Halloween Encyclopedia Excerpts

The Halloween Encyclopedia BANSHEE - Literally, fairy woman (from the Irish bean and sidhe); often described in Irish folklore as a messenger of death. Although the banshee doesn't figure prominently in Halloween lore, there are a few fairy tales which seem to mention the banshee in connection with Halloween: In "How Thomas Connolly Met the Banshee", the man of the title is walking home at dusk during "the first week in November" when he spots an old woman crouched by a bridge. Upon closer examination he sees not an old woman, but a creature wearing an otherworldly green gown, with unnaturally long hair and a corpse-like pallor. The thing screeches at him, then glides under the bridge and disappears. Thomas runs home, and the next day discovers that the banshee was heard wailing around the house of a neighbor who died early in the morning.

Banshees were also popular story subjects on Halloween, and were often described in stories as being accompanied by a headless coachman.

The male equivalent of a banshee was a fershee, although in all the banshee legends only female spirits are named.

NUTS - As with apples the significance of nuts at Halloween is often linked to the (supposed) Roman harvest goddess Pomona, but probably stems more from Celtic beliefs. The Celts especially venerated hazelnuts, and nuts and apples are often linked in Celtic lore.

A Scottish fortune-telling belief centered on the burning of nuts on Halloween: A pair of nuts are named for each member of a couple, then placed on a fire. If they burn to ashes together, the couple will enjoy a long, happy life together; but if they sputter and roll apart, they will separate soon. Sometimes this rhyme was recited as the nutes were placed:

If you hate me spit and fly;
If you love me burn away.

The ashes from the nuts might be collected and placed under the pillow to promote prophetic dreams.

In a version from Hertfordshire, a girl threw one nut on the fire, which represented her true love. If the nut burst quickly, it was a good omen, but if it never burst at all, the unfortunate girl was destined for spinsterhood. A variation of this custom is more specific: Chestnuts are used; if one hisses and steams, it indicates a bad temper in the human counterpart, but if both perform in this manner, it augurs strife. Charles Graydon lays out the custom in these lines from "On Nuts Burning, Allhallows Eve":

These glowing nuts are emblems true
Of what in human life we view:
The ill-matched couple fret and fume,
And thus in strife themselves consume;
Or from each other wildly start,
And with a noise forever part.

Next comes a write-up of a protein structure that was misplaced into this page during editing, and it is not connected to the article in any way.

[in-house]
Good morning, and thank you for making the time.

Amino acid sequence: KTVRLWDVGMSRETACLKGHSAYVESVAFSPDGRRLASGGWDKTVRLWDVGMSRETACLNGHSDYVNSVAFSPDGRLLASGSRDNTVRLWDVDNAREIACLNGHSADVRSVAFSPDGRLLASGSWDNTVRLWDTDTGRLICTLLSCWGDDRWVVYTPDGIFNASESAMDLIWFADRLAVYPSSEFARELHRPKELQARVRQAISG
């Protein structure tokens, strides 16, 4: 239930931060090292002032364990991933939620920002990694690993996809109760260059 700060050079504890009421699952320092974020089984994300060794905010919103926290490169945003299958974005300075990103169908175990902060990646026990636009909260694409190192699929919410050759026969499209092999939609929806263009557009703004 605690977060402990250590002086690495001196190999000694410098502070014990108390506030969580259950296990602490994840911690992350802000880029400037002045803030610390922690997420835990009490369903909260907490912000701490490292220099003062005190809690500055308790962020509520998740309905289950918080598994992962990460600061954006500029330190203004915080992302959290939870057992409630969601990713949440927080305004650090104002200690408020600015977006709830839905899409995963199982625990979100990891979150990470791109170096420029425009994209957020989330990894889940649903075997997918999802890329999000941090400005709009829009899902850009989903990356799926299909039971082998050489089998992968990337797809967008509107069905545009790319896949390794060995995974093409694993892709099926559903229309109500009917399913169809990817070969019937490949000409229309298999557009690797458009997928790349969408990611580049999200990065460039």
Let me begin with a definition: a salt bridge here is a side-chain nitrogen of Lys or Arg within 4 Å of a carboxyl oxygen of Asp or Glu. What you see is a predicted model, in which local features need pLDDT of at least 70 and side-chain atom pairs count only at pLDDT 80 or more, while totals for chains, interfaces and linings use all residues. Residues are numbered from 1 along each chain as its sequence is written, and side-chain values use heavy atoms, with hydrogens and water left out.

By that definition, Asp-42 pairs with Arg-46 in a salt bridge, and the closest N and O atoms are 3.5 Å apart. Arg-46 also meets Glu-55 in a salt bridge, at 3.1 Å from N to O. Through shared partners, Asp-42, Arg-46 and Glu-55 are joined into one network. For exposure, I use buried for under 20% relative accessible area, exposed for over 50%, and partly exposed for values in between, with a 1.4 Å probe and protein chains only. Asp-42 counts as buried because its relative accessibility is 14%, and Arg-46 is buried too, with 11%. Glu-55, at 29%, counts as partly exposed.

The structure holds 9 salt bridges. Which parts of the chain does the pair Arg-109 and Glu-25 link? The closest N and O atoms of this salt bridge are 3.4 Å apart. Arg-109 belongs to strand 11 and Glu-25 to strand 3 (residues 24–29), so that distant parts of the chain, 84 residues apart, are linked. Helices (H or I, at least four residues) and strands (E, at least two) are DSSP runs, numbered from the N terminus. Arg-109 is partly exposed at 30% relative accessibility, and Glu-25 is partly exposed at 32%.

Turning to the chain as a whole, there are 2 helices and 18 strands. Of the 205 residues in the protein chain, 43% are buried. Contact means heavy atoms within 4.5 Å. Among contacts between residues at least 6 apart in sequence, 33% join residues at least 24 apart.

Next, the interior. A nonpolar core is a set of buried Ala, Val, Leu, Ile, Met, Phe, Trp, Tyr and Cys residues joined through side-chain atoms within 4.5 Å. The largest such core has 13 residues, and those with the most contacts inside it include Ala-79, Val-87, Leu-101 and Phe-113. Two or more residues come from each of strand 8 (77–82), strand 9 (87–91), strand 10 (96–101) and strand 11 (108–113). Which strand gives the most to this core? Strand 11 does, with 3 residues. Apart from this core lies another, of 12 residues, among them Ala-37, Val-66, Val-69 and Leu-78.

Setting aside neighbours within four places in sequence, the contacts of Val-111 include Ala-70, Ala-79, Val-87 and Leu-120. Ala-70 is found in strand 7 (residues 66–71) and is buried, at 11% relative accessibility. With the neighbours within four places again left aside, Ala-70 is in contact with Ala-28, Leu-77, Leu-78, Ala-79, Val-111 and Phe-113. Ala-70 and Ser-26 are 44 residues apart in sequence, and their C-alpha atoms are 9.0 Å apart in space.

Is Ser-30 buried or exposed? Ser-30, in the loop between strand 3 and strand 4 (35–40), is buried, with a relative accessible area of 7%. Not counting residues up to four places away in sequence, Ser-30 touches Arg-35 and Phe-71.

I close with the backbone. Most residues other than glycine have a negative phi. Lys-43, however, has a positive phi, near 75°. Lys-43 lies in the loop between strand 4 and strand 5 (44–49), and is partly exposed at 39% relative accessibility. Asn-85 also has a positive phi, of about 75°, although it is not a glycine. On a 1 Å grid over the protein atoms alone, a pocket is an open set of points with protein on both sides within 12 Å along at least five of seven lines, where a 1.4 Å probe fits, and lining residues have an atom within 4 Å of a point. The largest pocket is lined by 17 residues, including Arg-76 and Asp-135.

But see the happy, happy pair,
Of genuine love and truth sincere;
With mutual fondness while they burn,
Still to each other kindly turn;
And as the vital sparks decay,
Together gently sink away;
Till life's fierce trials being past,
Their mingled ashes rest at last.

A variation is suggested in this anonymous 1937 poem, "The Test of the Nuts":

I've named three nuts and placed them
Side by side on the grate,
The one which cracks is unfaithful,
The lover I know I should hate.
The one which blazes with brilliant fire,
Tells of high regard, 'tis said,
But the one which burns with a steady flame
Names the man whom I shall wed.

Sometimes this method involved only two hazelnuts, with the choice involving nuts which cracked (unfaithful) against nuts which burned steadily to ashes (true). A variation of the three-nut custom involves three chestnuts named and placed on a hearth. If they separate, so will those for whom they are named; those jumping toward the fire are going to a warmer climate; those jumping from the fire, to a colder climate; if two gentlemen jump toward one another, it means rivalry. In a Welsh custom, nuts thrown onto a bonfire predict the future: If the flames dance about when the nuts are thrown in, the coming year will be full of fun and excitement; but if the flames don't change, the coming year will be dull.

In another roasting custom, a nut was named for each person present, and placed on the fire. If a nut burned quietly, life would be even and uneventful; if it popped right out of the grate, it might mean that that person would travel; if it stayed in the grate but popped and exploded the owner would have an exciting time without traveling; and if the nut burnt up, the owner would not get his or her wish.

One fortune-telling method involved three different nuts - a walnut, a hazel-nut, and a nutmeg - which were grated together and mixed with butter and sugar into pills. A young woman seeking to know the occupation of her future husband took the pills just before bedtime on Halloween, and her dreams supposedly foretold her future: Golden dreams indicated a gentleman; odd noises and tumults, a tradesman; and thunder and lightning, a traveler.

In Wales, on Halloween people would cast walnuts or hazel nuts (or sometimes stones or pebbles) into the fire. When these were shot out by the heat, or if the nuts burst, the younger folk ran away, fearing the "goblin black-tailed sow" would come and drive them into the flue.

One British party game involved chestnutting on Halloween; the one finding the first burr would be the first to marry. If the burr opened easily, love would not last long; if it was hard to open, then the romance would be lasting.